Sunday, May 16, 2010

Gettin' the hell out of Hampi

Morning came to Hampi and the prayers to the porcelain gods had started to subside. Colleen and I were both completely exhausted. I felt like I’d lost a fight with my intestines.

I stumbled down to the reception area, where they looked at me in terror. The first thing the manager said to me was “You need to go to the hospital.” I tried to laugh it off, unconvincingly. The last thing I wanted was a hospital in this kind of scary, pretty grubby town. Interestingly, I’d had a very good chat with an young Englishman on the train to Hampi who had told me of his group's medical problems in Northern India. One of them had had to go on a drip to get liquids into her, and he’d had to go on all sorts of meds. But I was pretty sure we had just had bad food poisoning, not something long term.

I asked them to send us up some breakfast, knowing that we couldn’t eat it but that we should try. It never got touched, except for some toast that we made an effort with later on in the day and which made an instant u-turn with me. We also asked them to send up a selection of 7-Up, Fanta and water, knowing that we needed some sugar and liquid. And then I went back to bed to try to pass out.

There’s not much else to tell about the rest of that miserable day. It was spent in bed, moaning, with periodic rushes to the washroom. Showers were frequent, to try to cool down, then the uncontrollable shivering had to be dealt with. The room heated up to the point where, even if we'd been healthy, it was ridiculously hot. The AC was ineffective. Oh, and the power would go out periodically, taking down the AC and the TV for half an hour at a time.

I am deeply grateful for the fact that we had a TV in our room. It kept me sane. This is probably politically incorrect for me to say, but I really can’t stand Indian TV or movies, which comprised 90% of what was on. But it’s a distraction. And the cricket chamionships were on at the same time, so I had several hours to try to figure out this game that I’ve always found terribly confusing. (The rules are simple. It’s the scoring that kills me.) I think I’ve got the one day test-match basics nailed, which is a major accomplishment.

The big dilemma for Colleen and I that day was that we had a 10:30 PM bus ticket that we needed to use to get to Bangalore to catch a connecting bus to Ooty the next day. We had also bought a bus ticket that left the next day that we could use instead (yes, we were double booking), but that would result in us catching the night bus to Ooty from Bangalore, which sounded pretty unpleasant. We rolled this one around all afternoon and decided we’d make the call as to whether we’d catch the bus at 8:30. When the time came, we’d been yak free for 3 hours. We felt like hell. We weren’t sure if we’d survive the rickshaw ride to Hospet to catch the bus, let alone the bus ride itself. But we decided to make a run for it. Another night spent in Hampi just sounded too terrible to us.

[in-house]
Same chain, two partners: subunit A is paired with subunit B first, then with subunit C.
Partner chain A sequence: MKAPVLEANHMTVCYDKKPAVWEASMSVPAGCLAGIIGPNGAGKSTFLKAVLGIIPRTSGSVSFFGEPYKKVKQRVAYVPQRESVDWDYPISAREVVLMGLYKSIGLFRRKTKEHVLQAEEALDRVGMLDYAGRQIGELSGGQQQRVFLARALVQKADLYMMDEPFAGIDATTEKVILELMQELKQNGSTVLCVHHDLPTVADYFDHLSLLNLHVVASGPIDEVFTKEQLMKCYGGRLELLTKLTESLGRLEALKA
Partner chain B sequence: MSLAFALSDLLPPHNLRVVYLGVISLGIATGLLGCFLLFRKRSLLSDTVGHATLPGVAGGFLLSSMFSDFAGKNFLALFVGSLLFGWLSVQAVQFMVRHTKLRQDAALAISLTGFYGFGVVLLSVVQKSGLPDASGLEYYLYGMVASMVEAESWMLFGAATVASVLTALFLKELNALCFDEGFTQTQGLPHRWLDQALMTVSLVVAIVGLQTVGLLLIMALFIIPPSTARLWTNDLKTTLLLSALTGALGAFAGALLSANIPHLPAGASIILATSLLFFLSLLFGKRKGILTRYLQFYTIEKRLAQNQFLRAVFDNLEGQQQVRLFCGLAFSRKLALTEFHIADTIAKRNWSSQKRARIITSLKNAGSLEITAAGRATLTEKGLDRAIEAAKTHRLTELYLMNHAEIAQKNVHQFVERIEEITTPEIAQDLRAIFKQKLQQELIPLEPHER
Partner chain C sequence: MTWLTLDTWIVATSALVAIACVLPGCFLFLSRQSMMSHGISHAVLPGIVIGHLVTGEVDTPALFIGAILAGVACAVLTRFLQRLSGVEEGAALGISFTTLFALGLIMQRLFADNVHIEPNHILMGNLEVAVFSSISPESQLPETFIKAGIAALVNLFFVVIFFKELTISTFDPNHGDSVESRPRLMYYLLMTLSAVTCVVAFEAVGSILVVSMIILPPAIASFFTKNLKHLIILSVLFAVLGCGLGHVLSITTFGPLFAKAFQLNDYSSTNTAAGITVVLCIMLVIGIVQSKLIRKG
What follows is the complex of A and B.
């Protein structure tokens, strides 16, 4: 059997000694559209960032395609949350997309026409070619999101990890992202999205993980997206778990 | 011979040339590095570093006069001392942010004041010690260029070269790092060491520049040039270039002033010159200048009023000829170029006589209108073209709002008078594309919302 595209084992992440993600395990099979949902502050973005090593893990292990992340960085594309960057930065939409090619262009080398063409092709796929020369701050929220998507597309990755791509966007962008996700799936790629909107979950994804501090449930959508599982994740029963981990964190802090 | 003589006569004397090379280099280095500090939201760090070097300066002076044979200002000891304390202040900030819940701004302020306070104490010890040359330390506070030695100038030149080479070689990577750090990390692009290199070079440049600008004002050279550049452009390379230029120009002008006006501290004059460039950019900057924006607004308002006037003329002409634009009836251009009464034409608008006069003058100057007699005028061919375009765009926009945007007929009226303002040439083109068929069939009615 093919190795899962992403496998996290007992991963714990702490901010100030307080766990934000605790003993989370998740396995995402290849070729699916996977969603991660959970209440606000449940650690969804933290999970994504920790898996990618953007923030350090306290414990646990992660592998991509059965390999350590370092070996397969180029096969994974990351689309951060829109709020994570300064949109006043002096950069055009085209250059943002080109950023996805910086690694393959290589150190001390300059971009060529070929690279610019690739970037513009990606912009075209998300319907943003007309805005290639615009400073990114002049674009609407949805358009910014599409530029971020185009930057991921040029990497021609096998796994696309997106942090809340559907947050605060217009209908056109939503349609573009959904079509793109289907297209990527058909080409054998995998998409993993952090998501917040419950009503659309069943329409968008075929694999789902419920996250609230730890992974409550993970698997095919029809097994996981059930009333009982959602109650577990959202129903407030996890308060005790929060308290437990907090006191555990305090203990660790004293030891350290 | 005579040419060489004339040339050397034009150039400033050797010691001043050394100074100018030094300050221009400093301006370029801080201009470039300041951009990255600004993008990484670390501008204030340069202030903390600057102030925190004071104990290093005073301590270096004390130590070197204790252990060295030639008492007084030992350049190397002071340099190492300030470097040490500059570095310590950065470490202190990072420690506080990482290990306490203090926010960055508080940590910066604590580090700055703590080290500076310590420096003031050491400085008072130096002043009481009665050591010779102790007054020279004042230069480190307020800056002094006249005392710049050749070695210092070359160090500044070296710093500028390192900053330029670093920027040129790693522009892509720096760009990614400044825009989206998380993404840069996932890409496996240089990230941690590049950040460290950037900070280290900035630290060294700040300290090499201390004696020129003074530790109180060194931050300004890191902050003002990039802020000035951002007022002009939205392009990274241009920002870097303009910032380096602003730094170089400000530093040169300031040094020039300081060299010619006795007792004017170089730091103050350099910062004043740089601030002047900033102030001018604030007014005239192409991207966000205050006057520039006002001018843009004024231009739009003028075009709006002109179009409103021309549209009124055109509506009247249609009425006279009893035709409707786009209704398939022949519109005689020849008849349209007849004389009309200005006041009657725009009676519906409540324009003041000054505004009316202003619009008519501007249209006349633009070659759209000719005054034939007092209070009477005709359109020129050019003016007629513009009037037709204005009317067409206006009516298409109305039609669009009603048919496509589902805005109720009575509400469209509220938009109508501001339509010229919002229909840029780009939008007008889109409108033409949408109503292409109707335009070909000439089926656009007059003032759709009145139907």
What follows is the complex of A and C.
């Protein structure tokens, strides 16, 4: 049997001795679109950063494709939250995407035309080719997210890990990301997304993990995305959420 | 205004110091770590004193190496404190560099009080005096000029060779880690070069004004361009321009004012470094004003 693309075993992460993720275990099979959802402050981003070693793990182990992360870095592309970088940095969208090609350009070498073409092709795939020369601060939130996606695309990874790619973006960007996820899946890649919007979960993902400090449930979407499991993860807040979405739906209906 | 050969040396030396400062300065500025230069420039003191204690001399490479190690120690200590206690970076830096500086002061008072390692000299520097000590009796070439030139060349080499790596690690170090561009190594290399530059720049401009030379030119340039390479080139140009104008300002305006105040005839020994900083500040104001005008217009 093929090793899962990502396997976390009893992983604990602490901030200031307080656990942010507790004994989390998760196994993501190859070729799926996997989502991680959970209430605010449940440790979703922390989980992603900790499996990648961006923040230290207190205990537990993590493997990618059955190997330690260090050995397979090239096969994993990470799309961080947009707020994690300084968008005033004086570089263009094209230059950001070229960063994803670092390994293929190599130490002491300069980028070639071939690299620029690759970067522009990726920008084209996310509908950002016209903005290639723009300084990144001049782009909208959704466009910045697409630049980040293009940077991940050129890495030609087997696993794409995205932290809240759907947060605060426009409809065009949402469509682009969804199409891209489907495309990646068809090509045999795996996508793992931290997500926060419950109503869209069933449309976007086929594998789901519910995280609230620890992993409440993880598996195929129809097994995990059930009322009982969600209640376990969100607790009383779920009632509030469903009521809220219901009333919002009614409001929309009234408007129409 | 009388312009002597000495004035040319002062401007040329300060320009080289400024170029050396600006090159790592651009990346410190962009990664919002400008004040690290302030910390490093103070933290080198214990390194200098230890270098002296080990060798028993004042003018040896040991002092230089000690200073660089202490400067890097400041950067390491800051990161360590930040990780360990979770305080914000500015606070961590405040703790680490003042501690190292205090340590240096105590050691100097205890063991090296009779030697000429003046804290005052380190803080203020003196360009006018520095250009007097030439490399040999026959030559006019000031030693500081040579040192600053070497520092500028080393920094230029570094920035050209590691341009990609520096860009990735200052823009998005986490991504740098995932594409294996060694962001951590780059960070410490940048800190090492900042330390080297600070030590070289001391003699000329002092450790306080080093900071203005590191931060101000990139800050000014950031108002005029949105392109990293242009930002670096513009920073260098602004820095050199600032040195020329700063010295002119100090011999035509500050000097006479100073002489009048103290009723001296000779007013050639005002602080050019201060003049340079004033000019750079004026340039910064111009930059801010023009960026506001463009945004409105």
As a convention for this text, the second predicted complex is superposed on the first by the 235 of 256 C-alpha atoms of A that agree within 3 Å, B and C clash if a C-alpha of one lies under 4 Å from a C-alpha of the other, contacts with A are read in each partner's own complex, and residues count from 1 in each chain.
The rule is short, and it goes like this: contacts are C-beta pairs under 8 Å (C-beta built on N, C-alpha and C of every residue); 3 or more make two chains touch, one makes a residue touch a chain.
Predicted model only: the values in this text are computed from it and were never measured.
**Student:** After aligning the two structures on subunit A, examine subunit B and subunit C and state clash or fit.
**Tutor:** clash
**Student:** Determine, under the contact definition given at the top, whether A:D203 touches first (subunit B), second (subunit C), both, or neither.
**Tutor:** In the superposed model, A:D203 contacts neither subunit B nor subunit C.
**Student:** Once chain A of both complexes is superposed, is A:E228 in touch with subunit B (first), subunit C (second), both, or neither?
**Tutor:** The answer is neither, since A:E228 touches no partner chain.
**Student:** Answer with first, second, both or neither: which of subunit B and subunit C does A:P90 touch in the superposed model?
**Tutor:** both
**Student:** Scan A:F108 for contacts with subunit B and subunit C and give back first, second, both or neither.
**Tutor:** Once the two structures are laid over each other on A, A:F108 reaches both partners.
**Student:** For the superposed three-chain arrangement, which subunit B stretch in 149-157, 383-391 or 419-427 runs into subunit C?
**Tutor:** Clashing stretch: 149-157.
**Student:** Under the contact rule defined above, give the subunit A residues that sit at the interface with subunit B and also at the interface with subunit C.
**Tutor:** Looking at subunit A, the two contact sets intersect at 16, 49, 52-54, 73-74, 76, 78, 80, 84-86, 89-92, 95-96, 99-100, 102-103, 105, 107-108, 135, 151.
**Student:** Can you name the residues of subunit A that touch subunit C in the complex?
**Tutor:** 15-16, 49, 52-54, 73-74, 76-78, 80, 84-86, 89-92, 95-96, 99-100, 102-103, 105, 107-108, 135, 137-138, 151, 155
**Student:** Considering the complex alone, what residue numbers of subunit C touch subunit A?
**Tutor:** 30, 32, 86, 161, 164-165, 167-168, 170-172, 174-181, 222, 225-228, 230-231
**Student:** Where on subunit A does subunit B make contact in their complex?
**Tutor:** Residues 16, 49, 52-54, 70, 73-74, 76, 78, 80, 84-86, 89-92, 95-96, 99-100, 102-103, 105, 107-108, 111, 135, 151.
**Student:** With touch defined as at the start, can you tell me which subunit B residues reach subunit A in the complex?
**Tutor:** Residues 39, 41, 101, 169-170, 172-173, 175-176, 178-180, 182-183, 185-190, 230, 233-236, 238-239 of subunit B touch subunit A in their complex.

We’d asked the hotel to book us a taxi, but they said there were none to be had. Rickshaw it was. We packed up, asked the hotel to not give away our room in case we were back in half an hour, and climbed in.

I didn’t think I was going to make it after five minutes of bouncy exhausty rickshaw, but after ten minutes more I felt better. I’d make it to the bus stop anyway. Colleen forged on too. We didn’t talk, both of us just staring blankly ahead, trying to keep it together.

The bus stop was a dodgy looking stoop in front of a bank with the power out. Nothing around to indicate that buses actually stopped here. But we sat and waited and sweated and were quiet. People eventually joined us. Cows and pigs wandered the streets. And we felt miserable.

The bus eventually came – late of course – but we were good to go. It was a sleeper bus, which I’d never been on before. That meant that there was a row of two seats below, then a row of single bunks. And above there was another row of single bunks and a row of double bunks. When we’d bought the tickets we’d picked up a double and a single, beside each other. The idea that we’d bought three seats seemed to blow the ticket taker away, but it turned out to be a blessing. We climbed into our bunks, stowed our bags in the third bunk that was separated from the aisle by my body for security reasons, and we were able to lie down in relative peace. We had windows that opened and, apart from the very poor roads and the constant honking, it was a pretty good spot to feel like hell in. I won’t say that we slept well, but we wouldn’t have in a real bed either, and we certainly wouldn't have in our hard beds and in the hot room in Hampi. It was as good as it was going to get.

It had been a very long and unpleasant day. It was looking better now that we were on the bus, but we both felt drained and miserable. This wasn’t going to be over in a single day.

1 comment:

Anonymous said...

Hang in there intrepid travellers. Love your stories, although I think that's called schadenfreude or something. Can't really be the schad word if you are delighting in the sensations your friends feel that you have also felt. I'm sure you have truly bonded as a couple and who knew weight loss could be so easy!

Love you guys. Take care.

Jef